One of the best uses for homing attacks is breaking throws. Homing attacks are throw crushes, meaning they beat throws every time instead of getting staggered. And remember how I said you can cancel your homing into block? Well you can break a throw with homing, then press block (or jump) and the opponent will still be in their throw recovery animation. You can then follow up with whatever attack you want. Homing canceling is safer than breaking throws with other attacks or the regular homing because you don't have to commit to a move and you will not get hit if the opponent went for a counter attack. Homing canceling is very low risk and the only real way to beat it is to walk up to the opponent and throw them really late after you anticipate their homing cancel will already be over. This of course is its own risk because you can get thrown waiting for the opponent to make a move. Long story short, if possible when you expect an opponent to throw you, homing cancel it. And if you want to throw someone in field, delay your throw attempt. Personally, I believe shield breaks are a safer and more consistent method of winning field phase than going for a throw.


3.4 Field Phase Shortcomings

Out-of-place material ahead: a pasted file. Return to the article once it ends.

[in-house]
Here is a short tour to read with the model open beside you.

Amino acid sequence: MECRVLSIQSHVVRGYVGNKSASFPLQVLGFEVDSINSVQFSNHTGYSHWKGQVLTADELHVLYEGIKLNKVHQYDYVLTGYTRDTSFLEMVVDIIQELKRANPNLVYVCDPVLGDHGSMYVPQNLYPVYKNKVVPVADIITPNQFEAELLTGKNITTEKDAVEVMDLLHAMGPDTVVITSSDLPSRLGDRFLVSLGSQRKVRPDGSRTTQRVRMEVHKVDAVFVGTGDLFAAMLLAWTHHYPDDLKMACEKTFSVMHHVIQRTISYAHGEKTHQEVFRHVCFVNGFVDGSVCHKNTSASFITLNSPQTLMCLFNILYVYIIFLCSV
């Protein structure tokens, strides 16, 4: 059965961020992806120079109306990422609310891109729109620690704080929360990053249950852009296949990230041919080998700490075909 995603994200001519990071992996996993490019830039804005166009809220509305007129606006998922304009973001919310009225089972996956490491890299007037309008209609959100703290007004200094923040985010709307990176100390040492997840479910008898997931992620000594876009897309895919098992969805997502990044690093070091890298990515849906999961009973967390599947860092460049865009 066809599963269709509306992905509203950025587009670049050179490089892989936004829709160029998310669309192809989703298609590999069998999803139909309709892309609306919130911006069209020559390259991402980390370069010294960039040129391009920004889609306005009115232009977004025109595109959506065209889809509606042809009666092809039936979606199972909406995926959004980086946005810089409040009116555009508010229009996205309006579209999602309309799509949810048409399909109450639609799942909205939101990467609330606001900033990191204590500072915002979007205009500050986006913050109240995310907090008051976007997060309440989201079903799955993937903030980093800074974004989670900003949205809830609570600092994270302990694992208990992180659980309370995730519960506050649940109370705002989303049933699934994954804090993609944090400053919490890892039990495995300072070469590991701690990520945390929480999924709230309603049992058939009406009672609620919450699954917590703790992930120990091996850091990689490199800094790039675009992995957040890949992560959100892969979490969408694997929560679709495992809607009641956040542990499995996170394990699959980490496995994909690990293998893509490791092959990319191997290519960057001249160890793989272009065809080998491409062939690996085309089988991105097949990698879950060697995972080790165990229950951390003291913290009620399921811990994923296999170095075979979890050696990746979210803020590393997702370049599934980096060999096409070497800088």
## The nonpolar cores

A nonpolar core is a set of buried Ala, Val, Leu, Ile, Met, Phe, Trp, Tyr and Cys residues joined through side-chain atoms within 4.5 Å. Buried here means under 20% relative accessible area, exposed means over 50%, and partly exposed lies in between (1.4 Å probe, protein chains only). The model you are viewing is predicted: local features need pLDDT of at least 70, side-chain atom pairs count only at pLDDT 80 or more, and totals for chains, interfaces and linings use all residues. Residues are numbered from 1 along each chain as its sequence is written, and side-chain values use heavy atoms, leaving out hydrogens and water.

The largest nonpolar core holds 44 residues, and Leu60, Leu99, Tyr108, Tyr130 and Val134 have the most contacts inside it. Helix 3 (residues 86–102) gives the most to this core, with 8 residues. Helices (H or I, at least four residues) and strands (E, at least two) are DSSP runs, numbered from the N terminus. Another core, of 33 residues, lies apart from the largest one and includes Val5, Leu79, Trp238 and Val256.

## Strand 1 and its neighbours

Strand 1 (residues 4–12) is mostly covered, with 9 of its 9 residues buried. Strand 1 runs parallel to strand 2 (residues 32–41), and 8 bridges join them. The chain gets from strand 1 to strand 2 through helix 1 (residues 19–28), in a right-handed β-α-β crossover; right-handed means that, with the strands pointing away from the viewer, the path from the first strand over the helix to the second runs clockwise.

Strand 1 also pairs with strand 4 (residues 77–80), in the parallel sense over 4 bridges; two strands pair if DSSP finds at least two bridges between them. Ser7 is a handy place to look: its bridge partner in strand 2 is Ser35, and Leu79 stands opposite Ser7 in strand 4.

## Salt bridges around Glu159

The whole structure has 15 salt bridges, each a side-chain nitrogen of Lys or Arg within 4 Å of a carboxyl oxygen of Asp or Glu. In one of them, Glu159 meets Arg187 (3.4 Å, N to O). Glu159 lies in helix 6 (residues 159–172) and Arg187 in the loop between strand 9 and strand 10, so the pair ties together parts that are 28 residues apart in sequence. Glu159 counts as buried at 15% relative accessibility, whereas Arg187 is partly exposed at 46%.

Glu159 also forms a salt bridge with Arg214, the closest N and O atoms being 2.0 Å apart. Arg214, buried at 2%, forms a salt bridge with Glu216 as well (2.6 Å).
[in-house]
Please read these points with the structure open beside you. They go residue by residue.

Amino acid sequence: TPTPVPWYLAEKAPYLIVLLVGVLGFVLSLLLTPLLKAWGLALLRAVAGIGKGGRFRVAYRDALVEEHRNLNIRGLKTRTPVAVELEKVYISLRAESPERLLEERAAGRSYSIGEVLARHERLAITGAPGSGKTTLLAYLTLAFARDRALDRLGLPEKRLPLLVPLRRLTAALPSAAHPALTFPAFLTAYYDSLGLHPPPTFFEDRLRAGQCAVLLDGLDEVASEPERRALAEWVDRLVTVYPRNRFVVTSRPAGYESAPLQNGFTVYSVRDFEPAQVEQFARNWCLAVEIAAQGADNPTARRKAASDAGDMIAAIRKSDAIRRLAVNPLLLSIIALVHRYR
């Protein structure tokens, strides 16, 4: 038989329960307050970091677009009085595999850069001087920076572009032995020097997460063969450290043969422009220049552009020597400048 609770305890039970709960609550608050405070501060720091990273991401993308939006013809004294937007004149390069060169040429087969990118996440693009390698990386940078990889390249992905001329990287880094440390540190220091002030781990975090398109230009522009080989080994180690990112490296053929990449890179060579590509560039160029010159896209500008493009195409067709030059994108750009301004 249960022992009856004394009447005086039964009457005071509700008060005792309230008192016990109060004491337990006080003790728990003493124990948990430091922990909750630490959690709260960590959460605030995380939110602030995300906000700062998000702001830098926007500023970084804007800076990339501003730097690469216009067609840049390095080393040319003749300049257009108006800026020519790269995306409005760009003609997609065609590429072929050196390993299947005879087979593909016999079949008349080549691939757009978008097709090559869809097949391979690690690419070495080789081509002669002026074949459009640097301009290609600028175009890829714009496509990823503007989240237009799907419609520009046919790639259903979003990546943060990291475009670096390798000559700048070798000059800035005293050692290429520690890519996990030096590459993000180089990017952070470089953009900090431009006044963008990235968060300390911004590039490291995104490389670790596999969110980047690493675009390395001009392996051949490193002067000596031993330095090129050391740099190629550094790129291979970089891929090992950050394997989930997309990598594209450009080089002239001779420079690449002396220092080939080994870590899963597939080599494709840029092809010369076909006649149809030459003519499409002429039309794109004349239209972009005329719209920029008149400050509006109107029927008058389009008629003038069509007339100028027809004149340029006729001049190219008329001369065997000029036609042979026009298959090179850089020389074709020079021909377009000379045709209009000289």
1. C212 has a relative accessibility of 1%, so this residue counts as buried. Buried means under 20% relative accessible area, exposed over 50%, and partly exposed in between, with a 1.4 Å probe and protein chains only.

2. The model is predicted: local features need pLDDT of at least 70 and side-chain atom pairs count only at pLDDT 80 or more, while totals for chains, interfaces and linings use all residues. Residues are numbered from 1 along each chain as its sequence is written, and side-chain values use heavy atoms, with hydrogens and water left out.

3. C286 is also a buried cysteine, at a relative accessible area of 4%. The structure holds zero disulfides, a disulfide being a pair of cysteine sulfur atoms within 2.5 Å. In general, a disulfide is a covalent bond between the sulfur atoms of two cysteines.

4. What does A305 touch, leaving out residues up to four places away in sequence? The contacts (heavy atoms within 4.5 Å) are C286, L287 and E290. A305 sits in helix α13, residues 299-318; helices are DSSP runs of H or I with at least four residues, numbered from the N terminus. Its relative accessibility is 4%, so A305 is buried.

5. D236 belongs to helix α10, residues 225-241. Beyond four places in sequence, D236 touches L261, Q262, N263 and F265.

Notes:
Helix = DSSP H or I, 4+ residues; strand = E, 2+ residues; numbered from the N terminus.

There is an overall lack of speed and precision of attacks. In field phase, the fastest normal attacks are usually way slower than the fastest moves in duel. For instance, Blaziken's fastest normal is 17 frames in field, but 9 frames in duel. When it comes to precision, duel phase gives you pretty complete control over the exact spot you want your limbs to go. In field phase, there are a lot of blind spots. Specifically, most characters don't have a fast move that they can use to hit opponents right on top of their head, meaning many anti airs are quite suspect in field. What this means is field phase emphasizes overall spacing and movement rather than close quarters combat, because you have more control over what you want to do from far away and less speed and precision up close. Also, this lets you abuse certain aerial attacks without fear of being anti aired, so you can take advantage of that.


Now you should have a good understanding of field phase. We went over ranged attacks, projectile priority, homing attacks and homing canceling, as well as some of the limitations of field phase. Now- FINALLY- let's get into some strategy building. See you soon.

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Chapter 3 Part 2: Field Phase Strategy... AKA How to Win Field Phase



Now we're getting to the best part and focus of my guide which is strategy building. I am going to teach you how to create an effective strategy for winning field phase. 


Table of Contents. Use ctrl+F to navigate to the desired section.
3.5 Choosing your role
3.6 The Aggressor
3.7 The Counter Striker


3.5 Choosing your role